As shown in FIGS. 3 and 4, the diffuser vanes 52 are angularly set with respect to the radially outward direction of air flow through the crossover duct 28. The angular positions of the diffuser vanes 52 are selected to assist in turning the compressed air flow exiting the first compressor wheel 24 to flow in a radially outward direction, and to help remove swirling circumferential components of air velocity. Importantly, as shown in FIG. 4, the diffuser vanes are thin, and the leading edge 62 of each diffuser vane 52 is aerodynamically contoured with respect to the remainder of the vane length to form a leading edge wedge angle θ of at least about two degrees or more, and preferably between about four to ten degrees. More specifically, the thin vanes have a length of at least about seventy-five times their maximum thickness, and the leading edge 62 of each diffuser vane 52 is formed to have a rounded nose 63 preferably having a thickness of about one-half or less of the normal thickness of the vane. The nose 63 of each leading edge 62 is formed adjacent the pressure surface 66 of the vane whereby an angularly disposed contoured surface 64 is formed adjacent the leading edge 62 on the vane suction surface 65. As illustrated in FIG. 4, this contoured surface 64 is formed generally at angle θ with respect to the vane pressure surface 66, and defines the vane leading edge wedge angle. In a preferred embodiment, the contoured surface 64 is formed generally as a portion of an ellipse, although it may approach a straight line configuration. This shaping of the diffuser vane leading edges 62 has been found to improve the smoothness of the air flow through the crossover duct by reducing the incidence of air flow upon the vane suction surface 65. Conveniently, this aerodynamic contouring, has been found to work equally well with single or multiple-row diffuser vane constructions.
As shown in FIG. 2, the inner and outer wall sections 48 and 50 of the duct entrance portion extend radially outwardly in parallel from the compressor wheel 24 to form the radially outward flow path 45, and then curve together into the turning bend 47 to form one-half, or about 90°, of the turning bend. The inner and outer wall sections 48 and 50 include shaped ends 67 and 68 for matingly engaging and abutting the inner and outer wall sections 69 and 70, respectively, of the duct exit portion to form the remainder of the continuous, U-shaped duct passage. That is, the inner and outer wall sections 69 and 70 abut the associated walls 48 and 50, and then curve radially inwardly in parallel to complete the second half of the turning bend 47 and to form the radially inward flow path 46.
The inner and outer wall sections 69 and 70 of the duct exit portion are maintained in a predetermined parallel spatial relationship by a plurality of circumferentially spaced deswirl vanes 72. More specifically, as shown in FIG. 5, each deswirl vane 72 comprises an elongated crescent-shaped strip of metal or the like having a thickness decreasing outwardly from its center toward its opposite ends. The vanes 72 each have an arcuate shape, and are positioned between the walls 69 and 70 by mounting bolts 74 and positioning bolts 75. The mounting bolts 74 are received through the centers of said vanes, and through preformed holes 76 in the wall sections 69 and 70, and then fastened into bosses 78 formed exteriorly on the inner wall section 48 of the duct entrance portion (FIG. 2). The positioning bolts 75 are received through the exit portion outer wall section 70, and fastened into the vanes 72 near the ends of the vanes. In this manner, the deswirl vanes 72 are angularly positioned between the wall sections 69 and 70, with the exit portion of the crossover duct 28 securely fastened to the inner wall section 48 of the entrance section. Then, the duct outer wall sections 50 and 70 are connected together by bolts 71 received through exteriorly formed flanges 73 to complete a rigid crossover duct construction. Alternately, if desired, the deswirl vanes 72 may be mounted on either or both of the wall sections 69 and 70 as by brazing, or they may be molded integrally with either one of said walls 69 and 70.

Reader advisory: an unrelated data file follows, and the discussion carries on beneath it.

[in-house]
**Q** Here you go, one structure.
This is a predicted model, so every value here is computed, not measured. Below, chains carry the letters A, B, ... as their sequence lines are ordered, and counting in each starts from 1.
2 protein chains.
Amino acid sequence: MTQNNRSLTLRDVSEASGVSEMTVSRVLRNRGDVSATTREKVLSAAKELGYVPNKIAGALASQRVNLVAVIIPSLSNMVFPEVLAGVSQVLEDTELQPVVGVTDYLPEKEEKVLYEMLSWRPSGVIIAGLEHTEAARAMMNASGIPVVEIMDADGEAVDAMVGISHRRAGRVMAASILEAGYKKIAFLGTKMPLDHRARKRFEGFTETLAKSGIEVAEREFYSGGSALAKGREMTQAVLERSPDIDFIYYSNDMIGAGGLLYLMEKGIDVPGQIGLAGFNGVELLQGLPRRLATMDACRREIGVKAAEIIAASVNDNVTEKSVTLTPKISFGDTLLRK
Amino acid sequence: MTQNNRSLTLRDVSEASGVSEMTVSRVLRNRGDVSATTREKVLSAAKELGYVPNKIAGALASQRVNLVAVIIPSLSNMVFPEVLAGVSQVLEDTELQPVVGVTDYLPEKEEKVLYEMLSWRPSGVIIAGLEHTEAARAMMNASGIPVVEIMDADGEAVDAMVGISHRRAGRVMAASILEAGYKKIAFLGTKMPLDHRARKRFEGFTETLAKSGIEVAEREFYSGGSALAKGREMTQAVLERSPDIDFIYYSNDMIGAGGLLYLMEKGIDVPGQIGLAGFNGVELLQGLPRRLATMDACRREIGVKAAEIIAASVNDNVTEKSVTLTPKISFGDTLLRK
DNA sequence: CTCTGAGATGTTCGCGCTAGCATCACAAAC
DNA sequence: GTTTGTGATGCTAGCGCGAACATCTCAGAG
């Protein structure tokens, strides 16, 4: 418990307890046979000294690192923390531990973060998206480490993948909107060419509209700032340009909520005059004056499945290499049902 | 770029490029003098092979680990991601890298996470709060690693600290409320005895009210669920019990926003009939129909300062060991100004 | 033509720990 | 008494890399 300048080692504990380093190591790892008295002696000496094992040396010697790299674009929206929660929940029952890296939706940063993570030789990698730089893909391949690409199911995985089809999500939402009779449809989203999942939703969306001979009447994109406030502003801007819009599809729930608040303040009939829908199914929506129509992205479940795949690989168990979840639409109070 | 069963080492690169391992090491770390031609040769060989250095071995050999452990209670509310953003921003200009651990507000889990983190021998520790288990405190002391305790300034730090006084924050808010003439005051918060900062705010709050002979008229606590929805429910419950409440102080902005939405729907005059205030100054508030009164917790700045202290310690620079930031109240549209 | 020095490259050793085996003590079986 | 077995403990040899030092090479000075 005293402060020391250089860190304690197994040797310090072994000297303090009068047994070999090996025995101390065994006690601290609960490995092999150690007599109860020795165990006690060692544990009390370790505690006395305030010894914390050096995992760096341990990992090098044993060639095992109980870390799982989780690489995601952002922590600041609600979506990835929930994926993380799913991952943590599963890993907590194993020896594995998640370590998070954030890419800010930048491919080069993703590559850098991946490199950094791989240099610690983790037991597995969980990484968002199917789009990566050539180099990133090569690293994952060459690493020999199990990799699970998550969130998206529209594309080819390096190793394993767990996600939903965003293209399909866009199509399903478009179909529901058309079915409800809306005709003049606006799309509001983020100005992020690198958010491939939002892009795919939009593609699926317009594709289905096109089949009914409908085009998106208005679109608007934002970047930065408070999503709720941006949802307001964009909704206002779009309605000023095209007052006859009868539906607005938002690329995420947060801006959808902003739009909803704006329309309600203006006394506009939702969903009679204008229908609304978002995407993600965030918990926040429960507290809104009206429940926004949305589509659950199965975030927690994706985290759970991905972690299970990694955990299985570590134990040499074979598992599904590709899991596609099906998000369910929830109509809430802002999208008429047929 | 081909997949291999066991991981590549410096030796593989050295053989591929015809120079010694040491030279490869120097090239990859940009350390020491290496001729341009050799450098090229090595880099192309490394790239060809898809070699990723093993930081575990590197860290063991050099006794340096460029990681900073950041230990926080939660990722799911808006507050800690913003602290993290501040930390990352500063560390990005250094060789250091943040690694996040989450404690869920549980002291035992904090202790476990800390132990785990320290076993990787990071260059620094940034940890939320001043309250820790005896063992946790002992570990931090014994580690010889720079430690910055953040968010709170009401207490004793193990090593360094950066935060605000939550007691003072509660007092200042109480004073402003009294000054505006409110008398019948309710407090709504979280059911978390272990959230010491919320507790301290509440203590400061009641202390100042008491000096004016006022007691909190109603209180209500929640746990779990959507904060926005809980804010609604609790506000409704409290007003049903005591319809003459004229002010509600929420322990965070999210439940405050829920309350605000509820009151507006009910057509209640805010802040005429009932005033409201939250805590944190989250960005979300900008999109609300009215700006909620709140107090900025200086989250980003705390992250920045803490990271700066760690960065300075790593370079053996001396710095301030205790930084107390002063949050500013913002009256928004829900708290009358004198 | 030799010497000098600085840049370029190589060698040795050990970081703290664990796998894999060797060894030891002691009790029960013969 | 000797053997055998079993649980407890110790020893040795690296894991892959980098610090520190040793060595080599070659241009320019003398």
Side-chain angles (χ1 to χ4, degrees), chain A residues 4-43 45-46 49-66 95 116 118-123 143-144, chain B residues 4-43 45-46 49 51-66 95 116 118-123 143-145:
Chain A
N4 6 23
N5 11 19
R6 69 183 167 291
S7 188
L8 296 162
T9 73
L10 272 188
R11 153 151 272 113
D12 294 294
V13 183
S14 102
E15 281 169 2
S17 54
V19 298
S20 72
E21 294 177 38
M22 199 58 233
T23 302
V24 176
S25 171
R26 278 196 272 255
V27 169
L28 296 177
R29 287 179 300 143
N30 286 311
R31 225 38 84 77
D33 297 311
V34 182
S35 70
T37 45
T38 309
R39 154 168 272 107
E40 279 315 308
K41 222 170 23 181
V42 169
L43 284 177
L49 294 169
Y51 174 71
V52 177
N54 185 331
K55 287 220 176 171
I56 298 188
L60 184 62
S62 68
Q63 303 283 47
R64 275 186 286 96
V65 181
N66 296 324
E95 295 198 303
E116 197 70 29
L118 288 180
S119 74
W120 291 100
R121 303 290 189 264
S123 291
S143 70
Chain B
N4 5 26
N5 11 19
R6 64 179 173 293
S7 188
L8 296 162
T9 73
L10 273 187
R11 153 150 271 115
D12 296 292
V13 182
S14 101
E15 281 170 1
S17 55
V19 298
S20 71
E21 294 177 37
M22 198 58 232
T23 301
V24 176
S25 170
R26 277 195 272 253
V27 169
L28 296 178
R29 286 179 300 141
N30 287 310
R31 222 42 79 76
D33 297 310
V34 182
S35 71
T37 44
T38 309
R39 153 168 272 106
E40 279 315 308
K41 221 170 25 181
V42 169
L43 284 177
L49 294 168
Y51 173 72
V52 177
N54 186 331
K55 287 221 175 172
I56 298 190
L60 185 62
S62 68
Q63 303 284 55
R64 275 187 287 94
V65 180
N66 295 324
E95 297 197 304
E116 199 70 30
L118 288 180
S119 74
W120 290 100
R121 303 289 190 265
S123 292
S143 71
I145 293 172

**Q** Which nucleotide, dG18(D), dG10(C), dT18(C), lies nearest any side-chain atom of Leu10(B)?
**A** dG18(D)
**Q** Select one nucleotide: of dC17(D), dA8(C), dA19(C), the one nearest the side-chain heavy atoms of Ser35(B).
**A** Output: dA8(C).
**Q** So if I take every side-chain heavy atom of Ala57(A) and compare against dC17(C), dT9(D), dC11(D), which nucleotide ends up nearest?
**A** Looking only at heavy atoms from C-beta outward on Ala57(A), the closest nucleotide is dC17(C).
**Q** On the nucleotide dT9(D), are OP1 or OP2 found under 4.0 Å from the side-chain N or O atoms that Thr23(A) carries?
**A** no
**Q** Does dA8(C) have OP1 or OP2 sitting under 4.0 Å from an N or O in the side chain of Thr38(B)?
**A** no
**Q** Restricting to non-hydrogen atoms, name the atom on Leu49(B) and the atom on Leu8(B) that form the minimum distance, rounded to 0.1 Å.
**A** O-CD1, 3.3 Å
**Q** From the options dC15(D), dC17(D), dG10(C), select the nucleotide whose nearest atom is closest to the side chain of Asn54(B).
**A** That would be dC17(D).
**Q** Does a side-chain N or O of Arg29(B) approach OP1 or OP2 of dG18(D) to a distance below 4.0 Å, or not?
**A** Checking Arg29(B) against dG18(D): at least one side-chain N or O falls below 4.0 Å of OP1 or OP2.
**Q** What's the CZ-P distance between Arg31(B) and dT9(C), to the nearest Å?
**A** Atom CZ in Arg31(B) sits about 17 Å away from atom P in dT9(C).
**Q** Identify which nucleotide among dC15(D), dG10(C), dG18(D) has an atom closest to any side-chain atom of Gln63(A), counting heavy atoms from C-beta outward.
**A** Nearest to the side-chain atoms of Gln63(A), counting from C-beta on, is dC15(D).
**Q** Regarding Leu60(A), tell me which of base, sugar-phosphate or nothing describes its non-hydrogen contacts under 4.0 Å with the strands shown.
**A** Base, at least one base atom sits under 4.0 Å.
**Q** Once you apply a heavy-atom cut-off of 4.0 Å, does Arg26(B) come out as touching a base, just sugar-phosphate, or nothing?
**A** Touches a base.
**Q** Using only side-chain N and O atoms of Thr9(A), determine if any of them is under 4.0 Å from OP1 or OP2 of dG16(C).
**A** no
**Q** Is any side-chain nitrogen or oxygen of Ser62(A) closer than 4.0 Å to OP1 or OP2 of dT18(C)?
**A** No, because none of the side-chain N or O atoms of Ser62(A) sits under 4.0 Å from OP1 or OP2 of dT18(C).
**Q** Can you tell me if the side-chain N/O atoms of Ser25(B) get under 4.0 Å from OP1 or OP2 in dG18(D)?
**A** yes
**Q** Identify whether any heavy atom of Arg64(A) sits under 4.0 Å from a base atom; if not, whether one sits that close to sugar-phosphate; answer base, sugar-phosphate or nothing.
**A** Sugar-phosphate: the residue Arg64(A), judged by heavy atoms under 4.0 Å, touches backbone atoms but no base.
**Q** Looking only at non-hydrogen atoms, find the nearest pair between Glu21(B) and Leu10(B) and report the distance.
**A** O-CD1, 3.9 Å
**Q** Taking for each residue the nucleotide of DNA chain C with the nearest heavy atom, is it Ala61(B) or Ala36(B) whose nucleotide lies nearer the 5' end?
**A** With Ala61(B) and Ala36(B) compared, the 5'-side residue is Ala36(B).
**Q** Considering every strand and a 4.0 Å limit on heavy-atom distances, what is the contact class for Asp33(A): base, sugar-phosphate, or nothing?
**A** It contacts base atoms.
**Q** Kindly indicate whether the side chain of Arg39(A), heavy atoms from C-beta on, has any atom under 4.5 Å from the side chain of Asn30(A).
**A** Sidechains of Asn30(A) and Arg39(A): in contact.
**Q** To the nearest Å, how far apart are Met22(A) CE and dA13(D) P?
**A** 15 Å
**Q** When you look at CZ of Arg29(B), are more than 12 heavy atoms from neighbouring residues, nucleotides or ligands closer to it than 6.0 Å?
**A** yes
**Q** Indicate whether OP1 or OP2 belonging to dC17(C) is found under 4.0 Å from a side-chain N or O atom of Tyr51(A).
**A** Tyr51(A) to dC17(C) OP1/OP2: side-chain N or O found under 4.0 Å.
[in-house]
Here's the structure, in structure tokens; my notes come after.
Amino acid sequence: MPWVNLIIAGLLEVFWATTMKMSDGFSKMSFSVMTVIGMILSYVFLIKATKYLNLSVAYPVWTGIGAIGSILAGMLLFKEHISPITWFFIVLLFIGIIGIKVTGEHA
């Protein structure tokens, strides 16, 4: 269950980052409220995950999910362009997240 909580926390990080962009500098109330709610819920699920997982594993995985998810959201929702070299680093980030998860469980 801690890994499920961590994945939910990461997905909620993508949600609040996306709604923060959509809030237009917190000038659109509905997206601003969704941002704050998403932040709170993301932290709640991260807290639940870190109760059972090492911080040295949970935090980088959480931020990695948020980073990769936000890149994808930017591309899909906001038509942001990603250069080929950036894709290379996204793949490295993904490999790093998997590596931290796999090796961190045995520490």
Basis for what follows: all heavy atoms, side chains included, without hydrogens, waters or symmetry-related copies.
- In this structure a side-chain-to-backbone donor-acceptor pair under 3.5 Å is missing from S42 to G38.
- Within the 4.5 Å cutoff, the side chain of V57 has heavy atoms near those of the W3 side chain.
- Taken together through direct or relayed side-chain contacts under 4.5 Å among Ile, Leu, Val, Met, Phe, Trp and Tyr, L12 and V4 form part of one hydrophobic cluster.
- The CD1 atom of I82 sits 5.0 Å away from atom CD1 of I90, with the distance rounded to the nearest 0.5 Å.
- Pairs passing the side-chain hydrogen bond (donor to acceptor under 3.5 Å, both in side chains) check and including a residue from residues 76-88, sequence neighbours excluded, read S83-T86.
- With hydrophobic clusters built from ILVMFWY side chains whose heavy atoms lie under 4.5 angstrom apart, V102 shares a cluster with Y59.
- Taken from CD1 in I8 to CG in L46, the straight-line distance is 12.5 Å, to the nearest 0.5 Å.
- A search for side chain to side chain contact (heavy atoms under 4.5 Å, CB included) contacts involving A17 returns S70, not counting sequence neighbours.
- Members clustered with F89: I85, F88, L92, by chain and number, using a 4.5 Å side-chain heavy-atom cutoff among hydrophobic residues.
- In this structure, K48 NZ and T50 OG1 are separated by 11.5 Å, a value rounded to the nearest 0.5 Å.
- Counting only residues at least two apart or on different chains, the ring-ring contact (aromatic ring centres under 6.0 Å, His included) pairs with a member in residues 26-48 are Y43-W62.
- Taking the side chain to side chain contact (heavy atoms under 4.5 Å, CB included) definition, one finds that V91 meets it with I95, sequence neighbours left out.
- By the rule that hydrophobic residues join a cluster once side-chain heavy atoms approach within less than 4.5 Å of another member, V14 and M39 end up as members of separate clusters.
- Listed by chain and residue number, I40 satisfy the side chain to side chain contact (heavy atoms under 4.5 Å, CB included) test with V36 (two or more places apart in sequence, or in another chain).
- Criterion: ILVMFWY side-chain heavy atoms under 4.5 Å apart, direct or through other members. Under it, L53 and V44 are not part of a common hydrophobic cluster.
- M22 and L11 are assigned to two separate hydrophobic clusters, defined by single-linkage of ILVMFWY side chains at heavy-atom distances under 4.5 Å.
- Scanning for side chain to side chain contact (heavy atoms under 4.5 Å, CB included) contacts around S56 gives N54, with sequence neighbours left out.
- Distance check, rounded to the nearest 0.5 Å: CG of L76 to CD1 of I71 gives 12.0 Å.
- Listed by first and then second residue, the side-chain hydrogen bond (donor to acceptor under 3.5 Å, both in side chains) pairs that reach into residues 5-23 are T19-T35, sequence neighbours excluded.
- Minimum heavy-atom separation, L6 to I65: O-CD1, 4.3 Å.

The turning bend 47 of the crossover duct 28 is aerodynamically shaped for optimum efficiency of air passage without substantial turbulence or pressure loss. Specifically, as shown in FIGS. 2 and 6, the outer wall sections 50 and 70 of the crossover duct 28, and the inner wall sections 48 and 69 are shaped to comprise continuous turning wall geometries each having a modified generally semi-elliptical shape which is elongated relative to conventional radially-formed geometry.
As shown in FIG. 6, the inner wall section 48 is shaped to form one quadrant of an ellipse having a major and minor axis representatively identified by letters (A) and (B), and the inner wall section 69 is shaped to form a second quadrant of an ellipse having a major and minor axis representatively identified by letters (C) and (D). Together, the inner wall sections 48 and 69 form a continuous, generally semi-elliptical configuration forming the inner wall of the turning bend 47. In a similar manner, the outer wall section 50 is shaped to form one quadrant of an ellipse which blends into a second quadrant formed by the exit portion outer wall section 70. The major and minor axes of the outer wall quadrants are representatively identified by the letters (E) and (F), and (G) and (H), respectively. Importantly, for optimum aerodynamic performance, the ratio of the major and minor axes of each of the inner wall elliptical quadrants is at least about 1.20, and the ratio of the major and minor axes of each of the outer wall elliptical quadrants is at least about 1.15. These ratios have been found to provide relatively elongated turning bend wall geometries which reduce deleterious boundary layer effects through the turning bend 47, and thereby reduce crossover duct pressure losses.
The crossover duct of this invention is easily assembled with all components maintained in the desired aerodynamically optimum position. The inner wall sections 48 and 69, which may be formed as a single component, are bolted onto the exit portion outer wall section 70 by means of the bolts 74 with the deswirl vanes 72 in the desired position. Then, this subassembly is fixed to the entrance portion outer wall section 50 by means of the bolts 71 to provide a rigid duct assembly with the thin diffuser vanes 52 properly supported in the desired position. Finally, the entire duct assembly is secured to the engine housing by the bolts 60.
A wide variety of modifications and improvements in the crossover duct of the invention are believed to be possible without varying from the scope of the invention. In particular, the duct may be used wherever it is necessary to smoothly and efficiently turn swirling gas flow from a radially outward to a radially inward direction. Further, the duct components may be cast, or formed from a wide variety of suitable materials and methods utilizing the same aerodynamic principles.
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|U.S. Classification||415/198.1, 415/199.2, 415/209.3, 138/39, 415/209.1|
|International Classification||F04D29/44, F04D17/12|
|Cooperative Classification||F05D2250/52, F04D17/122, F04D29/444|
|European Classification||F04D29/44C, F04D17/12|